Eighty minutes later New Zealand, with Stephen Kearney and Wayne Bennett at the helm, had scored a breakthrough victory to claim their first ever World Cup with a 34-20 victory – the crucial moments coming in the second half as a suicidal pass from Billy Slater gifted Benji Marshall a try and then Joel Monaghan’s tackle on Lance Hohaia giving the Kiwis a crucial Penalty Try to clinch their history book win.
At Sky that was our last World Cup involvement. We all watched in horror through in 2013 the last time the tournament was held on British soil and again England were so near yet so far.
Tries from Sean O’Loughlin, Kallum Watkins and Sam Burgess saw us leading New Zealand in the semi-final at Wembley 18-14 with just 20 seconds left to play. This was surely it? But then Shaun Johnson skipped past two defenders to level the scores before kicking the conversion to take the Kiwis to the final in the most heart breaking manner… 20-18.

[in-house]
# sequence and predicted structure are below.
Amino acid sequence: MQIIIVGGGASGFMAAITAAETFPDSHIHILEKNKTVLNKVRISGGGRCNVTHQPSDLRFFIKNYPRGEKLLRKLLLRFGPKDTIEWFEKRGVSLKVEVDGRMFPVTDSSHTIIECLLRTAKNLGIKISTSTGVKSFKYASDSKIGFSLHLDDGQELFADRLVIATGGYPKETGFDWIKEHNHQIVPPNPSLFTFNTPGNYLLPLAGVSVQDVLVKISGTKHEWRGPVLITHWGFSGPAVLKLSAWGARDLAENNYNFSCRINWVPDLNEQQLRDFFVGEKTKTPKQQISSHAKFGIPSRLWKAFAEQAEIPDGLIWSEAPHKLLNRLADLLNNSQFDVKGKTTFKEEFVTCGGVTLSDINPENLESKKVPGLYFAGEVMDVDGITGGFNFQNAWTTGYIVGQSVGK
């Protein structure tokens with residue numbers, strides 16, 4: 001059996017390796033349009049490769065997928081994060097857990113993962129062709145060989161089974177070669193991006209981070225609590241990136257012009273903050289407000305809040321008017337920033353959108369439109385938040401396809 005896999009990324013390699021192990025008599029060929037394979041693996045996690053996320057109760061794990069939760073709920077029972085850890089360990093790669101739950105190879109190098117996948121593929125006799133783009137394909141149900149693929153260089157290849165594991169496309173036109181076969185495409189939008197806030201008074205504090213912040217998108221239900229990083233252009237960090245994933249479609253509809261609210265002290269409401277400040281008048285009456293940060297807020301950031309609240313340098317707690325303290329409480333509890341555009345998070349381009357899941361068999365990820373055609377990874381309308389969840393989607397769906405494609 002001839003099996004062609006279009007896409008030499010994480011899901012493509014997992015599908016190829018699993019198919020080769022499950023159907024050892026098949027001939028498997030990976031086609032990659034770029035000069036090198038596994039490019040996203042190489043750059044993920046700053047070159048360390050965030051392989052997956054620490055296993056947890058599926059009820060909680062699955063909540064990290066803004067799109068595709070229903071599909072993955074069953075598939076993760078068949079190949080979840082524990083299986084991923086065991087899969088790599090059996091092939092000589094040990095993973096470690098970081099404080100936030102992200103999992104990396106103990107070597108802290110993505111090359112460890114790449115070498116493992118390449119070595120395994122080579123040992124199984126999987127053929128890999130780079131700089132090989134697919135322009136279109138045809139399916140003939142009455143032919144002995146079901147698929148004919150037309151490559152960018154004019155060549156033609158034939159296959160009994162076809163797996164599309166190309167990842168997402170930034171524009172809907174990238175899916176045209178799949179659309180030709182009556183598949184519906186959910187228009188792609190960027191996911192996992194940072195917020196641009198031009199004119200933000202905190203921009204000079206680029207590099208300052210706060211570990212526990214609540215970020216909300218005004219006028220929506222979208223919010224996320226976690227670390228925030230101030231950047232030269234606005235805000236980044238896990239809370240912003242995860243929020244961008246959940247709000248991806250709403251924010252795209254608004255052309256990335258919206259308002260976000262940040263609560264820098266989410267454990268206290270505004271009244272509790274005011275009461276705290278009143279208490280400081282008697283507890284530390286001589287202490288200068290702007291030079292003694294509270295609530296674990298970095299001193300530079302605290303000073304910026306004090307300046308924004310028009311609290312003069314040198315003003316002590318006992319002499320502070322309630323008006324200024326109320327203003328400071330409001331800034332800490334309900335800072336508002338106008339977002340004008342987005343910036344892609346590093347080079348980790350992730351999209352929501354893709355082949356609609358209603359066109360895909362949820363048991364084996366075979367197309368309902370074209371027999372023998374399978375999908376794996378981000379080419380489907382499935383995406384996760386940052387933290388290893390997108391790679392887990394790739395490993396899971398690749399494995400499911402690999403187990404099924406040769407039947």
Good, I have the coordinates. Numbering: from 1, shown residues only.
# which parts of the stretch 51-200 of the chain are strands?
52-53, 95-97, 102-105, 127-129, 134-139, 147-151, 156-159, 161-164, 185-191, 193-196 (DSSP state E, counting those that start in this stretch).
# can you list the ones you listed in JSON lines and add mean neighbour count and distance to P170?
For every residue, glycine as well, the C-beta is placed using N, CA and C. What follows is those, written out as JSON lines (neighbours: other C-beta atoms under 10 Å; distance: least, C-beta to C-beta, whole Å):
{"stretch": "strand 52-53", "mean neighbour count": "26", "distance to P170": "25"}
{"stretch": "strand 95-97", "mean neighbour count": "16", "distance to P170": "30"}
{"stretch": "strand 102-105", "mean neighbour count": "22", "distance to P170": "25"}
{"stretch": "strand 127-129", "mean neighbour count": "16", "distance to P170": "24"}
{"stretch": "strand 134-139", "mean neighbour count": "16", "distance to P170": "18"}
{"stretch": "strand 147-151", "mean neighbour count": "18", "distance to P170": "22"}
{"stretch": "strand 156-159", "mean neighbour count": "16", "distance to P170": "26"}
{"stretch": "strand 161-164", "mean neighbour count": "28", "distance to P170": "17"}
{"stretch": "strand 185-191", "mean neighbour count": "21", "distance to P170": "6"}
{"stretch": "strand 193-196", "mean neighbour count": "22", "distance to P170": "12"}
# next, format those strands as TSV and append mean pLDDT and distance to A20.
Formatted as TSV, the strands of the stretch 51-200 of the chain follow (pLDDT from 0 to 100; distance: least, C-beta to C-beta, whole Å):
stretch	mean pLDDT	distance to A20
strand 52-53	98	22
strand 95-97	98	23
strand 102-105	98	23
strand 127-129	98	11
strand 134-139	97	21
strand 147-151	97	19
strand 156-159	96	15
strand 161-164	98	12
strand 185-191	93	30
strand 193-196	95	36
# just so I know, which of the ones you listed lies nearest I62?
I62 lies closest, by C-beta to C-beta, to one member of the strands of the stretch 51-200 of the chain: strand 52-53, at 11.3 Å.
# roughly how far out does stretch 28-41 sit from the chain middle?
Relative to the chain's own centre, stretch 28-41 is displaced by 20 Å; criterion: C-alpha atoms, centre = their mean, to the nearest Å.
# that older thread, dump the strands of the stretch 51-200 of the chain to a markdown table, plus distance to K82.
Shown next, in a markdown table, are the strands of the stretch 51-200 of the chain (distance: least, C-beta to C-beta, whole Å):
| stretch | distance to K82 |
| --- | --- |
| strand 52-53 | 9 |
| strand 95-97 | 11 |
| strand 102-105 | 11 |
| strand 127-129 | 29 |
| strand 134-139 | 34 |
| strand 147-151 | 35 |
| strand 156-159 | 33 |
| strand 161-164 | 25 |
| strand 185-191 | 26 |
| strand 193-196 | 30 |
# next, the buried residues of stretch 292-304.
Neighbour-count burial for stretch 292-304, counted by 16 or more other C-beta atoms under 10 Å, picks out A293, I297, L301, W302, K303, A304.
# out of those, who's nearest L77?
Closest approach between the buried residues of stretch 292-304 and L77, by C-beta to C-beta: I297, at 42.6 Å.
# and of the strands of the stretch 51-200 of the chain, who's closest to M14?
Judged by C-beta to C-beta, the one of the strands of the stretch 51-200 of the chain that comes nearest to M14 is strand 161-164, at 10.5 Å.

And will we ever forget 2017? Australia-England in Final which Australia won by the narrowest of margins 6-0… but what would have happened had Kallum Watkins not been ankle tapped by Josh Duggan with 15 minutes to go with the line very much at his mercy as England were gaining the upper hand!
The Rugby League World Cup – a tournament filled with what if’s...but’s…and maybe’s….less than 500 days and counting until the next one. Let’s hope we get to see all the drama unfold again in 2021.
Meanwhile, as always stay safe.